The result is that there is almost no Javascript on the page. And hence no webpack build or any of that jazz. Also whenever I want to deploy, there's just a single simple deploy: the BE.

The one JS library I do use is HTMX. It was easy to figure out and it let me build a couple interactions that feel a lot like a Javascript SPA.

When I first started developing back in ~2010, server-rendered HTML seemed hopelessly antiquated and boring. I was all about AJAX and jQuery and Angular 1. Maximal Javascript!

Now I find server-rendered HTML to be elegant and useful. For a solo dev working on a tiny web project, it's kind of perfect. I can build and deploy and iterate on new sites crazy quickly.

Also, server-rendered HTML is fast. PageSpeed Insights gives New Course Alert a 97. And I didn't even have to do anything to make it that fast.

I even use Django Whitenoise to host the static assets rather than going through the fiddly bits to set up Django Storages with S3. Whitenoise is so easy!

Lastly, I used Pico CSS for the CSS library. I do occasionally miss some of the Bootstrap niceties. But with Pico, I like that I can just write some HTML, set the theme to dark, and everything just looks pretty good with zero configuration or effort on my part.


So younger me would complain here about scaling. "That's fine now. But it won't scale. You have to build it to scale."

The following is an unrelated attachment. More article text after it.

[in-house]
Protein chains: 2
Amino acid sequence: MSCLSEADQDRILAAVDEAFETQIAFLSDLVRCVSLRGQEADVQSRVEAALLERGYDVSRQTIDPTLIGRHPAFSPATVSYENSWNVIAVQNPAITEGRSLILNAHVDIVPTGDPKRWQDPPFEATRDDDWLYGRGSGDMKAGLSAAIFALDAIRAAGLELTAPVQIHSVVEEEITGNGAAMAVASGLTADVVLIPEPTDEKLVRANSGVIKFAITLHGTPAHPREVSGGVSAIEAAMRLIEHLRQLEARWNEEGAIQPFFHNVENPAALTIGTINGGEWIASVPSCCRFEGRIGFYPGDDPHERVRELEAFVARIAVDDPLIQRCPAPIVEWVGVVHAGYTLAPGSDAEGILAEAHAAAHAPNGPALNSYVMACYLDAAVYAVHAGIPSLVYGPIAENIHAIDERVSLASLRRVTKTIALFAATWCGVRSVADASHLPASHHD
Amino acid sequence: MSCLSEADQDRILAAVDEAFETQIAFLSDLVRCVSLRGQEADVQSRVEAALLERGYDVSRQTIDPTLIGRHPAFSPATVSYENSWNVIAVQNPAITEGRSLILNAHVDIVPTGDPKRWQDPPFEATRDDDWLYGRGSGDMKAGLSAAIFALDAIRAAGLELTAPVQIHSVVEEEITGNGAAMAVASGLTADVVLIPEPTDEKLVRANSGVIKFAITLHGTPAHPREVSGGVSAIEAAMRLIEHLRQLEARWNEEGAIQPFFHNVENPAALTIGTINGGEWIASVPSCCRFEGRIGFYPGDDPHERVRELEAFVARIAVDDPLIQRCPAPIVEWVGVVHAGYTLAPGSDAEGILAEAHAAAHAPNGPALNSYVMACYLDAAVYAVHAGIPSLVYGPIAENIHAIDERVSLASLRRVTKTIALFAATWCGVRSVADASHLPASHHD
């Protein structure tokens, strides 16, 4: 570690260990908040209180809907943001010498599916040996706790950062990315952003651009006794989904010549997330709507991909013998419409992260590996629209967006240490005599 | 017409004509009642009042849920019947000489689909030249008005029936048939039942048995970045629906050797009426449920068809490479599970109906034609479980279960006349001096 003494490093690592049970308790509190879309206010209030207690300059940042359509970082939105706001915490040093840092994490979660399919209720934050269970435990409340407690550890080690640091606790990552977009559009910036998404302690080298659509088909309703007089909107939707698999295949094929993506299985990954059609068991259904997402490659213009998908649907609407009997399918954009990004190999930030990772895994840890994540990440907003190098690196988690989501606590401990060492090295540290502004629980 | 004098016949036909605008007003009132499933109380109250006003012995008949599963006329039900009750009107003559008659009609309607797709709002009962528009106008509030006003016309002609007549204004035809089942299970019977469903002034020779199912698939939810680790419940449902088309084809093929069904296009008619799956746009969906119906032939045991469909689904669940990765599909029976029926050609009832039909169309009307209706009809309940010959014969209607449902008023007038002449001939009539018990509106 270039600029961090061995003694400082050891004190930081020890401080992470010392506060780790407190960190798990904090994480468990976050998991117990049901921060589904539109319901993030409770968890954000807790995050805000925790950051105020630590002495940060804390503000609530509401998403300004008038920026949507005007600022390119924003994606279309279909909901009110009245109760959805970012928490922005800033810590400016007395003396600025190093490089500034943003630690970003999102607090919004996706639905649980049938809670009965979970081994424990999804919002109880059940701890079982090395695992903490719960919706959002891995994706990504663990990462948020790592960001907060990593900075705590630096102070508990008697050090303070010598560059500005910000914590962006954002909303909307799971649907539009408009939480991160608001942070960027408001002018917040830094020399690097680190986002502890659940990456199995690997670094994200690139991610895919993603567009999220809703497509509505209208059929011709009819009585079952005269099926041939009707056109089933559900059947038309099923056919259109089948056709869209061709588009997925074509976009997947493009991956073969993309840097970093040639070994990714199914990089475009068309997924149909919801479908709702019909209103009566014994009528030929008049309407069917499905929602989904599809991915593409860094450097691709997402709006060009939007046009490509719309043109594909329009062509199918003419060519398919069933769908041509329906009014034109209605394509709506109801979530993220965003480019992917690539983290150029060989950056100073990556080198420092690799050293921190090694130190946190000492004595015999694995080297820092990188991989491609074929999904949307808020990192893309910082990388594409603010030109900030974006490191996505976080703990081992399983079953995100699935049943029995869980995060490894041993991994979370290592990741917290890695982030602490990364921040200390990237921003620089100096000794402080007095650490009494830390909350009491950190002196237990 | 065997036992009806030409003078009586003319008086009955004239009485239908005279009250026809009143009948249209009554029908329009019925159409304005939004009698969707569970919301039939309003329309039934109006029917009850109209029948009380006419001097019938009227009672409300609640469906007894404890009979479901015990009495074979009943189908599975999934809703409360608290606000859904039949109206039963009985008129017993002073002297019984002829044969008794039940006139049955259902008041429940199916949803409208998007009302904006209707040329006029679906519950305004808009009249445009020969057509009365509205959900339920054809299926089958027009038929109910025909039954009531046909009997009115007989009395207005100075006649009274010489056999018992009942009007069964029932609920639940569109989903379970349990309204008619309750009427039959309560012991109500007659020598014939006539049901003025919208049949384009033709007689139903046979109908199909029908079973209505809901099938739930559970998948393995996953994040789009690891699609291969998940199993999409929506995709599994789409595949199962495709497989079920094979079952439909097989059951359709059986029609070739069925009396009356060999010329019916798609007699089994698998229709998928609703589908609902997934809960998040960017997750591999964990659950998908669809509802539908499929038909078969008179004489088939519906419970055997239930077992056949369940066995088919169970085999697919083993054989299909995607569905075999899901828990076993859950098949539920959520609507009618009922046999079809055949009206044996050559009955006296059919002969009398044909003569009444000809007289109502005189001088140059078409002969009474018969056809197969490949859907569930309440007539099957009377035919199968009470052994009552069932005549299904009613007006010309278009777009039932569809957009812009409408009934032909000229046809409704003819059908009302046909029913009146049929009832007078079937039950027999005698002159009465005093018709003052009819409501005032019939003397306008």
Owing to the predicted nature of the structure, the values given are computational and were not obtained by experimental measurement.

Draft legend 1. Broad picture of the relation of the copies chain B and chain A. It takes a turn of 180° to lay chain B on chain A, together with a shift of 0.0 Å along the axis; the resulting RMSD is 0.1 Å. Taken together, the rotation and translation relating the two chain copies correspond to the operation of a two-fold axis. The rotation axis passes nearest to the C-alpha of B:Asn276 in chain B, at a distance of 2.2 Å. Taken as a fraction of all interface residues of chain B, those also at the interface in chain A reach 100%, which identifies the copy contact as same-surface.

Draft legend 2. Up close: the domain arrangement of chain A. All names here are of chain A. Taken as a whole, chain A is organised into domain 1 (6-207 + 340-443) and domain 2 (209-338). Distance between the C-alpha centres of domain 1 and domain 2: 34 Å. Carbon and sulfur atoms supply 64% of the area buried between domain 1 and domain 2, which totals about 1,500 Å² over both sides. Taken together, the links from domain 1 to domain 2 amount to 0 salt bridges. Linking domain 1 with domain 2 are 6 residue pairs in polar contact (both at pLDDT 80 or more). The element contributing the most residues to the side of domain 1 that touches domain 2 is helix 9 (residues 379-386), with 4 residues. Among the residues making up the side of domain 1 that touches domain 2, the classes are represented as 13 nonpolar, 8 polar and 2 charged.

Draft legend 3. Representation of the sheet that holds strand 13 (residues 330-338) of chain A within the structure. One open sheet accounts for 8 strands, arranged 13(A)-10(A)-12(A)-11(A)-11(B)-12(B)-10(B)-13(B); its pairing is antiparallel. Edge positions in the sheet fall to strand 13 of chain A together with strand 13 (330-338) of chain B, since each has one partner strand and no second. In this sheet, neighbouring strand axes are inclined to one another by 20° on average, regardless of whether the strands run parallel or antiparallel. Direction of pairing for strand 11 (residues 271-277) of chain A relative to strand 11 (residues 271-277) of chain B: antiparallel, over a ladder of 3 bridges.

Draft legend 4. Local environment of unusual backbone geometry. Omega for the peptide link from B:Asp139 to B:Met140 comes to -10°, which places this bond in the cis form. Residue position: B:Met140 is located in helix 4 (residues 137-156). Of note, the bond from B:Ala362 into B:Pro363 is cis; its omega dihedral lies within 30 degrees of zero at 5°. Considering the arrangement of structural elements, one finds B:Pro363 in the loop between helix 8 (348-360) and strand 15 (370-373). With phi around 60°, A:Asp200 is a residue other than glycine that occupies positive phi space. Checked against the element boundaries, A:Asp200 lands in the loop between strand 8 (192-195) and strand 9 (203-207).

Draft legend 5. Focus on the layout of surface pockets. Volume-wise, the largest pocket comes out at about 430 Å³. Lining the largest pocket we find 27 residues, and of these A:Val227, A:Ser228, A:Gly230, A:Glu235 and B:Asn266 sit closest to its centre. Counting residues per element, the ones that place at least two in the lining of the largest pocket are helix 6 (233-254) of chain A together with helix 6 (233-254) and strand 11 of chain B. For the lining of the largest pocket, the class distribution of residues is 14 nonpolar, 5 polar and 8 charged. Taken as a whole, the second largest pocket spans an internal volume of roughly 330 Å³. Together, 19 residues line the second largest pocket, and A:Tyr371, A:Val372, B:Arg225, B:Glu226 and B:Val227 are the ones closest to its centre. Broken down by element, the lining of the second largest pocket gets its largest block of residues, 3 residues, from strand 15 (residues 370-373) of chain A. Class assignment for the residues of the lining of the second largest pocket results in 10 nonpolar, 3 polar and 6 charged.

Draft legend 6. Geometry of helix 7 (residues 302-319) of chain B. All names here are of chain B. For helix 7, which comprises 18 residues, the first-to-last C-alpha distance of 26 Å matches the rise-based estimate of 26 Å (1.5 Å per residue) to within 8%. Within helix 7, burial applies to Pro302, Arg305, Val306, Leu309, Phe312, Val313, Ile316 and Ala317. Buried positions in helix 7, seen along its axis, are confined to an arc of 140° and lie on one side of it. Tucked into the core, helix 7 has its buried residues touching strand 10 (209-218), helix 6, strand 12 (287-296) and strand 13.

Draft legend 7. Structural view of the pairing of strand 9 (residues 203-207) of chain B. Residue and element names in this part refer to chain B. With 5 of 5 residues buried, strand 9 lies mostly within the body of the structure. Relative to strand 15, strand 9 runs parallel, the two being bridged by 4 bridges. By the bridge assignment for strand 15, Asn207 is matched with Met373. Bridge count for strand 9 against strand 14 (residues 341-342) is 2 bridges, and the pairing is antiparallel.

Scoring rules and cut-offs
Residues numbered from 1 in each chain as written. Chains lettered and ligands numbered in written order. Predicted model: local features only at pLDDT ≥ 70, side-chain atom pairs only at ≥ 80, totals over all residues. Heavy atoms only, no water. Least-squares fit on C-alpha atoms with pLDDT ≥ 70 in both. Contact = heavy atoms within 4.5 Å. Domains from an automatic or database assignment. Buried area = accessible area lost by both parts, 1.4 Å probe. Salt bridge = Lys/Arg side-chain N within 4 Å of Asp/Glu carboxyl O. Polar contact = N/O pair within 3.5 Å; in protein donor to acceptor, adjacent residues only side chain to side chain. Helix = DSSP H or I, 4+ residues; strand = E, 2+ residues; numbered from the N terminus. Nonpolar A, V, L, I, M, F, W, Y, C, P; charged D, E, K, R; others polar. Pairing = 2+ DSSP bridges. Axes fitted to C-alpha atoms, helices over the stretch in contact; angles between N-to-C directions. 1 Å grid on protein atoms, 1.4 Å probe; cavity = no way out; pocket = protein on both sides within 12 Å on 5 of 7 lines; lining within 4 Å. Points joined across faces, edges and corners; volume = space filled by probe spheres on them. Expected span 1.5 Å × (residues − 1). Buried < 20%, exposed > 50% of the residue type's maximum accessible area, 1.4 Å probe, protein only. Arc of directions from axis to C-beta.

Here's the thing about scaling though:

In my whole career, in all my projects, in all the companies I've worked for, scaling the client-facing Web UI has never been a big problem.

And I'm not just talking about my tiny projects. I'm also talking about successful, profitable companies, some of whom went on to be acquired.

Whether you render the HTML on the client device or on the server just doesn't matter in the grand scheme of things.

UNLESS you hit the explosive growth of an Instagram or Whatsapp.

But what a problem to have. You've won if you hit explosive growth like that. You can rewrite stuff and figure it out.


That said, I DID make two concessions to making New Course Alert scalable:

I did both these partly just for convenience.

With RDS, you get lots of DB setup / backup / rollback stuff out of the box.

And with the Load Balancer, you get HTTPS for free.

So yeah, these two choices, in addition to being convenient, also make it relatively straightforward to scale the app.

I can just spin up a second box and throw it behind the Load Balancer and scale horizontally.


Scaling servers that render HTML isn't hard. It won't make or break a project.

Before Product-Market Fit, speed of learning and iteration is everything. And for me personally, working as a solo dev on a side project, iterating on Django-rendered HTML pages is much faster than doing a JS SPA FE and REST JSON API.

That's why I chose classic Django for New Course Alert. And I couldn't be happier with the choice!

So yeah. If you haven't taken old school templates and server-rendered HTML pages out for a spin for a while, you might want to consider it. It's fun.